MH: I’m still trying to figure out my new job. I’ve only been at the Dallas Morning News for about seven months and writing opinions is a whole other world. I’ve always considered myself a storyteller, so it’s a leap to go from telling stories about regular people to building arguments around current events. I definitely want the kind of career where I can do a little bit of everything. I am attracted to challenging jobs, where I can stretch my writing muscles and experience some growing pains — uncomfortable, but always good for the soul and perspective. I’m experiencing some major growing pains here. It’s all good.
LCB: Speaking of blogging, I notice you’ve dabbled in media criticism in a couple of your blog posts. A few weeks ago you wrote as “a side note” that you’ve “been amused by the way newspapers are covering polls showing Mexican Americans are not all clamoring for leniency when it comes to illegal immigration — which only implies that we’d all feel the same way — a little more complicated than that.” And in February, you blogged, based on a journalism conference you attended:
“Seems like newsrooms all over are grappling with ways to write about Latino immigration, especially Mexican, a recent phenomenon in many states like Wisconsin, Iowa and North Carolina. … Immigration is a huge story, one that newspapers too often reduce to the American Dream thread.”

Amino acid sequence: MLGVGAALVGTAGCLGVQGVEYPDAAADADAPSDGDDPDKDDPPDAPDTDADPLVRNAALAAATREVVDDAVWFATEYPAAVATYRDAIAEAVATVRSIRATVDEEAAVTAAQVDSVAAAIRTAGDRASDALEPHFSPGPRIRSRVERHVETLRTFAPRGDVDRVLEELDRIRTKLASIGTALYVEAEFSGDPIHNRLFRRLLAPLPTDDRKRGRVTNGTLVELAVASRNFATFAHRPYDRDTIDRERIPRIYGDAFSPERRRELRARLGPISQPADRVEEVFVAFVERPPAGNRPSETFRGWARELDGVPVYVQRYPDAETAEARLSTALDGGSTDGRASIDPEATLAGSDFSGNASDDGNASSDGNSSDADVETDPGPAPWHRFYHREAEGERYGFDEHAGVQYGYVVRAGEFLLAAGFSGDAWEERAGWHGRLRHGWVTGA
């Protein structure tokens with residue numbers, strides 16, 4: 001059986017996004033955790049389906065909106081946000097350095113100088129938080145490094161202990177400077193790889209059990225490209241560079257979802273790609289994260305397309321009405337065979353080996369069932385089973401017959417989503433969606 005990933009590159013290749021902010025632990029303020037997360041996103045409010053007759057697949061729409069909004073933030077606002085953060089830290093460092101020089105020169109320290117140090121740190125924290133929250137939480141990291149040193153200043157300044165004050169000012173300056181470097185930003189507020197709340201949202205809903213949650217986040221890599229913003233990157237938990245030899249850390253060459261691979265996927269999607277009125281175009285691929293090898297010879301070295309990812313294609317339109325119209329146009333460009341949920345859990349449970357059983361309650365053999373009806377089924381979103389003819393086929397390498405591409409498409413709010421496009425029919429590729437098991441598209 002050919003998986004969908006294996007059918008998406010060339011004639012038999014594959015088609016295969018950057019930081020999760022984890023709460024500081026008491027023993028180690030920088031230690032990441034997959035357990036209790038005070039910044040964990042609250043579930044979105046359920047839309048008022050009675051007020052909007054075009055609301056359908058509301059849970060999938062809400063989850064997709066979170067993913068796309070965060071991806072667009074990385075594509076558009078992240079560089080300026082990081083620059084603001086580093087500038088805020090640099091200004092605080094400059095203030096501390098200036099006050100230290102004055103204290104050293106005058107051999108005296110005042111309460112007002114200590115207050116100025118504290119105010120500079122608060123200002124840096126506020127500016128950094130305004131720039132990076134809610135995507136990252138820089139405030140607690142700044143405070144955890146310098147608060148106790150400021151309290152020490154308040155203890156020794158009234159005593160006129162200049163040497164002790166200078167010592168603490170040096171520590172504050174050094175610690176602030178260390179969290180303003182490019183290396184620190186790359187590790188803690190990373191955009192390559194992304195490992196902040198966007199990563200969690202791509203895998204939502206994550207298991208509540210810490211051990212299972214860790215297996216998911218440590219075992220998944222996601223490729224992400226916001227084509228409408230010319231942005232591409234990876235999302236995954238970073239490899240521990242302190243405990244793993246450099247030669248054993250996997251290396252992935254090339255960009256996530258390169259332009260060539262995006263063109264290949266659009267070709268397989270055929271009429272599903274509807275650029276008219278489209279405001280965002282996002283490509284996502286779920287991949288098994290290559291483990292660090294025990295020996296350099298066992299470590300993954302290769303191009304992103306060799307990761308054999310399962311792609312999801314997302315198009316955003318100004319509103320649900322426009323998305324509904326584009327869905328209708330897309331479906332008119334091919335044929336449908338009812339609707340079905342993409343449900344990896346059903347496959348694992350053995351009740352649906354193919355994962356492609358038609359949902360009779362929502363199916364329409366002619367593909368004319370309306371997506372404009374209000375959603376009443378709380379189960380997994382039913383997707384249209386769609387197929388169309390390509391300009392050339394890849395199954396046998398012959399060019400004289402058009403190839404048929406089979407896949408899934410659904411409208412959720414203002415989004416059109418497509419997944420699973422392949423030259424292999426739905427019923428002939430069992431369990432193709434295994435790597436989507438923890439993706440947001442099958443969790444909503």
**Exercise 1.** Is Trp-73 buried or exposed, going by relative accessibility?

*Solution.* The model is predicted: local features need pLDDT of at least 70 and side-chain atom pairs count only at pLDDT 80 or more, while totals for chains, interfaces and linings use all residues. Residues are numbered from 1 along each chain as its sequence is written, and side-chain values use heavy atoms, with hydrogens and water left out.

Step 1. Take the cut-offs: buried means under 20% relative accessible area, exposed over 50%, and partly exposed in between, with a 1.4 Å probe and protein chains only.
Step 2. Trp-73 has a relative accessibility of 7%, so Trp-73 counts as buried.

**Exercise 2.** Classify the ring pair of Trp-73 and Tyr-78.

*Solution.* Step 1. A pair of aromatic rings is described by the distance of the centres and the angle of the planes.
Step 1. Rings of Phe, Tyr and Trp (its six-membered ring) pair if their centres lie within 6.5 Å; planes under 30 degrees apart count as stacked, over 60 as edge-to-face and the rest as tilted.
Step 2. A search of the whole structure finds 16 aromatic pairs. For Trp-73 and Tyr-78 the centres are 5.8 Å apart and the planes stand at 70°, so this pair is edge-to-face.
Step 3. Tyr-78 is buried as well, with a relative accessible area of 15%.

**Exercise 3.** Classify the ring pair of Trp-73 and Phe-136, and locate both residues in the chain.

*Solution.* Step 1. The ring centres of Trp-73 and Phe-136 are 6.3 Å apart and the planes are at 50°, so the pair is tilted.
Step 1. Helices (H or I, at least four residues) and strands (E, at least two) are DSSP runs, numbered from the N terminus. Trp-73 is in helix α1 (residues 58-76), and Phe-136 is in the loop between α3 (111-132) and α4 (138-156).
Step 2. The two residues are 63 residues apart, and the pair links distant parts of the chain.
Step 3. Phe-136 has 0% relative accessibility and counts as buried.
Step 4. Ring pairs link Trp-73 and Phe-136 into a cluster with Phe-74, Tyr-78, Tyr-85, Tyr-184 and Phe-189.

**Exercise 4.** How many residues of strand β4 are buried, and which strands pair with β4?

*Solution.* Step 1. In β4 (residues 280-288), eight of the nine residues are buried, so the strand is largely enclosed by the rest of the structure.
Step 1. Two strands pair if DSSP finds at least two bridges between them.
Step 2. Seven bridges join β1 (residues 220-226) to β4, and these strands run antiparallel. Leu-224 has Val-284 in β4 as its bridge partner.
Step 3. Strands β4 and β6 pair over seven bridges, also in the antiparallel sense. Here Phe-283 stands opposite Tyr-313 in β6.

Can you elaborate on these two bits of criticism?
MH: Too often diversity for the media means covering Cinco de Mayo or sending the Latino reporter into the barrio. When I was growing up the only stories I read about Latinos involved a guy in an orange suit standing before a judge or the census numbers.
We do a horrible job of covering the Muslim community, which we had ignored until 9/11. Too many times, when we write about minority communities we write about them as anthropological studies. That’s why I think storytelling is a powerful way to braid all the universal threads together. We also have to mainstream all voices, in all sections — business, lifestyles, metro.
A few newspapers do a good job. But it’s tough if you don’t have bilingual, bicultural people on staff. And I’m not talking just reporters. All the layers of a newsroom need to be diversified, starting with management, who ultimately directs coverage.
LCB: You’ve written columns on topics ranging from Crash winning Best Picture at this year’s Oscars to the plight of Iraq war veterans. If you knew your next column would be in front of a national audience — say, carried in every paper in the country — what would it be about?
MH: No Child Left Behind. I spent a year teaching English literature at my old high school and my time in the classroom made me realize how we, the media, don’t pay enough attention to education issues.
LCB: Finally, on a lighter note — and because no interview with you is complete until Jayson Blair is mentioned (the former New York Times reporter who plagiarized several stories, including some of your work), let’s say you are stranded on a desert island with just two books, Jayson Blair’s Burning Down My Master’s House: My Life at the New York Times and Bill O’Reilly’s Who’s Looking Out For You. Which do you read first?
MH: I’d pray. I’d also ask for forgiveness for whatever brought this on.
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